Mardock Scramble: The First Compression (Cert 18)
1 Disc (Distributor: Manga Entertainment/Kaze) Running time: 63 minutes approx.
In a futuristic society Rune Balot, a 15-year-old prostitute, is left for dead by her client for the night, unhinged casino king Shell Septinous, but is saved at the last minute by Dr. Easter, a former military scientist who resurrects the dead under a new law called Scramble 09, in which the revived victims of a misdeed are called upon as witnesses to prosecute their assailants.
Having rebuilt her body with a new synthetic fibre Dr. Easter puts Rune in the care of an artificial intelligence named Oeufcoque Penteano – manifested here as a golden mouse – to help Rune reclaim her life. After her appearance at his trail, Shell decides it is time that Rune disappears for good. With a new technology at her disposal, it is up to Rune to stop Shell, fuelled by her desire for vengeance.
This often bleak cyberpunk tale first appeared in 2003 as a series of novels by Tow Ubukata which later became a manga and now an anime film trilogy from studio GoHands, with the screenplay written by Ubukata himself. From the opening moments the visuals and tone will assuredly recall Ghost In The Shell for most viewers but aside from the aesthetics and a cyborg leading lady, the comparisons stop there.
Mardock Scramble takes the cyberpunk template as a conduit for its violent existentialist tale of political, moral and sexual corruption. The fact that this feature necessitated an edit for US distribution (presented here as the main feature) is an indicator that this is may not an easy ride for some.
Contrary to the splendour of bright colours and crystal clear futuristic vistas the life of our young protagonist is a dark and morbid one. Rune is very much a product of her debauched family environment which shaped her taciturn personality, tinged by a melancholic air of self-loathing. A recurring motif sees Rune declaring she doesn’t care if she dies but she doesn’t want to die, desperate for a reason to live.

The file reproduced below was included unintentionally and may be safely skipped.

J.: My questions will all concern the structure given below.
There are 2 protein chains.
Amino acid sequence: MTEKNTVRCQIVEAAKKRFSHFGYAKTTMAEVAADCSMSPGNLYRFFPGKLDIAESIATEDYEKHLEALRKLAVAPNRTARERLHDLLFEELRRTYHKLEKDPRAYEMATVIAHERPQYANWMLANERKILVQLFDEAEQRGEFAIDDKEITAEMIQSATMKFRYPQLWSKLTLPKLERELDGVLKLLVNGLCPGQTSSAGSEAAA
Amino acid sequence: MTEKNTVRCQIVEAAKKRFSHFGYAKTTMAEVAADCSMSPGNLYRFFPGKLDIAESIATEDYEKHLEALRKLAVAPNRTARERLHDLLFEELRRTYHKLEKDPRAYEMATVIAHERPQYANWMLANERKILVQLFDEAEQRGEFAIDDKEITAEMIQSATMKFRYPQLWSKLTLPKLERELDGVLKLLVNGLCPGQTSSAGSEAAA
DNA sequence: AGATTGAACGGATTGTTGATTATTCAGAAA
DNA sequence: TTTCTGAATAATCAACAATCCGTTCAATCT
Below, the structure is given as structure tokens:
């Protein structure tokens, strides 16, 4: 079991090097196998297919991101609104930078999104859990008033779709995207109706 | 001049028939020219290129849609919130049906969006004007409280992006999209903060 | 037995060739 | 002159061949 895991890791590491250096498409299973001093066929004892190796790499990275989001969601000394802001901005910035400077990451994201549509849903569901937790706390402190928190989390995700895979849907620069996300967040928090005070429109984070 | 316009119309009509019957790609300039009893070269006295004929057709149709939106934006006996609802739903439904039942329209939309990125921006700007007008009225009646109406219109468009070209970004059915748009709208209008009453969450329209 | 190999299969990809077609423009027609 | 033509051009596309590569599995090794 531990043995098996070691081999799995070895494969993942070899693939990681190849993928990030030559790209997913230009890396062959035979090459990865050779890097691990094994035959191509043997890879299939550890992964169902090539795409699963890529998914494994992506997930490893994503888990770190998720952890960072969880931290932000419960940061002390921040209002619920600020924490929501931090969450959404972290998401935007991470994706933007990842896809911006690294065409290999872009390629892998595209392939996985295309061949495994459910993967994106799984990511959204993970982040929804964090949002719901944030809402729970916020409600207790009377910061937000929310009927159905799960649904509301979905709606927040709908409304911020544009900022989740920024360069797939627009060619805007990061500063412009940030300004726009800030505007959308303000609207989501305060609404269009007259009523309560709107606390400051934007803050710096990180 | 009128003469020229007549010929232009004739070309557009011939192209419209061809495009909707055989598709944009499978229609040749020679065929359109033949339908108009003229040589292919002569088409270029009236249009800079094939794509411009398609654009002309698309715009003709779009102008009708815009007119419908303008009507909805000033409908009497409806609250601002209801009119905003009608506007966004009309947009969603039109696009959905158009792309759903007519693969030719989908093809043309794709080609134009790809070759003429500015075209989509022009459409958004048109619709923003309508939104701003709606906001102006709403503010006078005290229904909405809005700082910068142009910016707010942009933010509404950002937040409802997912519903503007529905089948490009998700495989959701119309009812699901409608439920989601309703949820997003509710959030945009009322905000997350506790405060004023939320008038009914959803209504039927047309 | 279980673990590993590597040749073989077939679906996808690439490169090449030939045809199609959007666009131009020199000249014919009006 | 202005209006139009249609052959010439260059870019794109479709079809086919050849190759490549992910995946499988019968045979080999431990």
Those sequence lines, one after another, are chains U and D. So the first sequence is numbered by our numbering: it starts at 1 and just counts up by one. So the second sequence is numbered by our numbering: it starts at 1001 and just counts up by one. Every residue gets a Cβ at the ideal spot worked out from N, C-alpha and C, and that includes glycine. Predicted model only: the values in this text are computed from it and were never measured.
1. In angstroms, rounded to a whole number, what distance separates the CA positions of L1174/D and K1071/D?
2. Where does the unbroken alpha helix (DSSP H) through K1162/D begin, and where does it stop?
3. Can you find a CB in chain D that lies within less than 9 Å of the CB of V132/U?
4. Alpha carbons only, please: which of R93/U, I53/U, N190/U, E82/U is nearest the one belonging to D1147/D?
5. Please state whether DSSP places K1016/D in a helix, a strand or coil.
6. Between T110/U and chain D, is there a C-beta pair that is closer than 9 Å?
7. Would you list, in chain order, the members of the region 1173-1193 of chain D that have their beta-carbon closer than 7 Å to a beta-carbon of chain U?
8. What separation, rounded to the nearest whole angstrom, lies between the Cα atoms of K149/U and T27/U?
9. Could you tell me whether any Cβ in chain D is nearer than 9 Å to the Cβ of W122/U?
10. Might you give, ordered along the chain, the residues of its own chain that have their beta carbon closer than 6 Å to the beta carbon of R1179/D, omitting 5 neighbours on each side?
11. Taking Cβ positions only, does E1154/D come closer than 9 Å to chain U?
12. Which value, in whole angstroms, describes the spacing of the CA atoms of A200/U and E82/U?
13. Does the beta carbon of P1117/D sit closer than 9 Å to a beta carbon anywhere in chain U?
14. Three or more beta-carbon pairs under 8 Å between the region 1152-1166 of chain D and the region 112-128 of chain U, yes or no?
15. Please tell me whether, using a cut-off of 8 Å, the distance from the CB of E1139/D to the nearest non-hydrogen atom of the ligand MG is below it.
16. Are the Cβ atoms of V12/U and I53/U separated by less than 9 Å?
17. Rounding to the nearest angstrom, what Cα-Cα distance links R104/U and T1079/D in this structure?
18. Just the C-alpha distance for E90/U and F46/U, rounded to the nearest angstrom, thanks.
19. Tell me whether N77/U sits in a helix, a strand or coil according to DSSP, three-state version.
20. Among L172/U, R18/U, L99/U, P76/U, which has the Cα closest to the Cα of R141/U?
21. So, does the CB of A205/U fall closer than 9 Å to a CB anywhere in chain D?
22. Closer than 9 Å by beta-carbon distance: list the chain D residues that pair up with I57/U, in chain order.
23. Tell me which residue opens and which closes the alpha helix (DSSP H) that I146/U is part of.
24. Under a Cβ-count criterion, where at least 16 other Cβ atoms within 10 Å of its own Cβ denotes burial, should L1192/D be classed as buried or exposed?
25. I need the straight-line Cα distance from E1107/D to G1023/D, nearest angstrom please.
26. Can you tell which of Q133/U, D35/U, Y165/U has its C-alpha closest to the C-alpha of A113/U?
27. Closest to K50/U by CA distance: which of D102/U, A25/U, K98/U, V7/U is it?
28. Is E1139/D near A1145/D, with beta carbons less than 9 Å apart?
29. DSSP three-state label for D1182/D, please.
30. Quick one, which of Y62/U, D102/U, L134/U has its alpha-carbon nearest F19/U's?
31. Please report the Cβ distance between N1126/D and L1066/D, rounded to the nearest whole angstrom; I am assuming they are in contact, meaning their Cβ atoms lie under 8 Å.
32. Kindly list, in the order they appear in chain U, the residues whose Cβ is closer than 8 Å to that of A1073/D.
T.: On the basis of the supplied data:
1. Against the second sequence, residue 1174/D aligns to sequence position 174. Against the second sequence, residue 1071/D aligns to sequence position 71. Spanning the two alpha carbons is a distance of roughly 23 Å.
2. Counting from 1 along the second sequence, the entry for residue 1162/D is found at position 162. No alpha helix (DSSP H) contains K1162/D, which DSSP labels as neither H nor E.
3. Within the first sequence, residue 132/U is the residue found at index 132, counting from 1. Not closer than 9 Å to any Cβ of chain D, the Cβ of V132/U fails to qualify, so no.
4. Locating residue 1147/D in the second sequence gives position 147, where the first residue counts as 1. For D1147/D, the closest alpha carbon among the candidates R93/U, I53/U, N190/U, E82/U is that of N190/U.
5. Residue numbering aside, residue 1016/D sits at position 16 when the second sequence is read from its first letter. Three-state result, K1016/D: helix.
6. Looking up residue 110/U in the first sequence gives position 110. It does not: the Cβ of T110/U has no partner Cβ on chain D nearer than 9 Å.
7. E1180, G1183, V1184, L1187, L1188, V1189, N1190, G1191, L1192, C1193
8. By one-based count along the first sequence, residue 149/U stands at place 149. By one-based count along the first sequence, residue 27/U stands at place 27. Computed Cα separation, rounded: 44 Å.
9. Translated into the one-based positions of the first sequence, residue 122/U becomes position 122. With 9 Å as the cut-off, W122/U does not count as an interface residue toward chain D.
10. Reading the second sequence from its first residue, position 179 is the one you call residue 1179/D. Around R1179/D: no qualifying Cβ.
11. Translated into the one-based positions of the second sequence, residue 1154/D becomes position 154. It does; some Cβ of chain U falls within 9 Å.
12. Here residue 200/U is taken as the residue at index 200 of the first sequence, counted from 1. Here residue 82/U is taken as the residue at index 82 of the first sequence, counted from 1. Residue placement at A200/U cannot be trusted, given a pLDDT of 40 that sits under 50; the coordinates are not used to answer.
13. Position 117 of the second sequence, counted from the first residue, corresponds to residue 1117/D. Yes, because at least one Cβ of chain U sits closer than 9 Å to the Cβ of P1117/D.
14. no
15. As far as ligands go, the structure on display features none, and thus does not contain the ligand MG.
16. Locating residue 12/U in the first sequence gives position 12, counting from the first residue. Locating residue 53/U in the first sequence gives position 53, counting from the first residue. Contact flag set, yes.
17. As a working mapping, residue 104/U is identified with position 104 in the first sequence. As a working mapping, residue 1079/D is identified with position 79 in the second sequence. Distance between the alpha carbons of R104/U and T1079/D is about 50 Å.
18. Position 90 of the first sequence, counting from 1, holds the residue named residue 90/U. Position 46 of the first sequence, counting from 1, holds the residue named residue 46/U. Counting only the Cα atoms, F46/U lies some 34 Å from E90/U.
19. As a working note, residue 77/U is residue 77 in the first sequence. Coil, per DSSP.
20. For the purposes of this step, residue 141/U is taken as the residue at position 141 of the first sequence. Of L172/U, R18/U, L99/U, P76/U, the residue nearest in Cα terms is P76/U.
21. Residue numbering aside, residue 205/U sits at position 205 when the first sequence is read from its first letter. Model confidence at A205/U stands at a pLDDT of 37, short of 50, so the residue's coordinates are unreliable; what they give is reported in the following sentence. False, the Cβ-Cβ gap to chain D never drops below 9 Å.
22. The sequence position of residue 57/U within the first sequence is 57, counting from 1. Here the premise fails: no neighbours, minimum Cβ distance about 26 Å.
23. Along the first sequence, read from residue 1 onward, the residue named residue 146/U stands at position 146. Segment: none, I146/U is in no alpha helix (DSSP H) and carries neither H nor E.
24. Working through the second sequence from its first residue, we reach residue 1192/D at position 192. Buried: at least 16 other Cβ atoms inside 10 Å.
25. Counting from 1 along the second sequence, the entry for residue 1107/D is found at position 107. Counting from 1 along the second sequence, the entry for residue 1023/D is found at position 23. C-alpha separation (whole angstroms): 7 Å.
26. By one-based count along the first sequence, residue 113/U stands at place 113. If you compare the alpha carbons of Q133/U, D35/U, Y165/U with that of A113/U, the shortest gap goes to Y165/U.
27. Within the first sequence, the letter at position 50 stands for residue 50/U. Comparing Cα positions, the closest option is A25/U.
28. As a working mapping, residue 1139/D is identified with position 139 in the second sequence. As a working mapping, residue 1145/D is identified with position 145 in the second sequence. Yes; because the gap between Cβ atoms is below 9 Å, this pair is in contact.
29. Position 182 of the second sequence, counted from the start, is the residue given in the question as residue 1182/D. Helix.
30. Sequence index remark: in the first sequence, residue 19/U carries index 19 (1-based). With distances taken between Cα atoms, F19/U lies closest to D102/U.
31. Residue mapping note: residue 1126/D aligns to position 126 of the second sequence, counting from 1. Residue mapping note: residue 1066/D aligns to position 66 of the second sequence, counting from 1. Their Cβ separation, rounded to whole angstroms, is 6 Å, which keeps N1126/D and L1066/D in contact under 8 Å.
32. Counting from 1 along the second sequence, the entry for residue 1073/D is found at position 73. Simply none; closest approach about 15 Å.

Rune’s promiscuity is explained by the revelation of when and to whom she lost her virginity, which, as unsettling as it is, does put Rune’s whole attitude towards love and life into some sense of perspective, challenging the perception of what “normality” is for each individual and fuels her need for assurance that she isn’t damaged goods.
Thus we have a troubled protagonist fighting a battle against herself as much as she is fighting to protect her life, finding solace in the form of a the intelligent shape shifting mouse, Oeufcoque – the only other character to be developed in this opening instalment, although character is quite a nebulous noun to use in this instance, since he/it can assume any form – not limited to weaponry, jewellery, clothing or equipment – except a human but Rune’s preferred form of a golden mouse.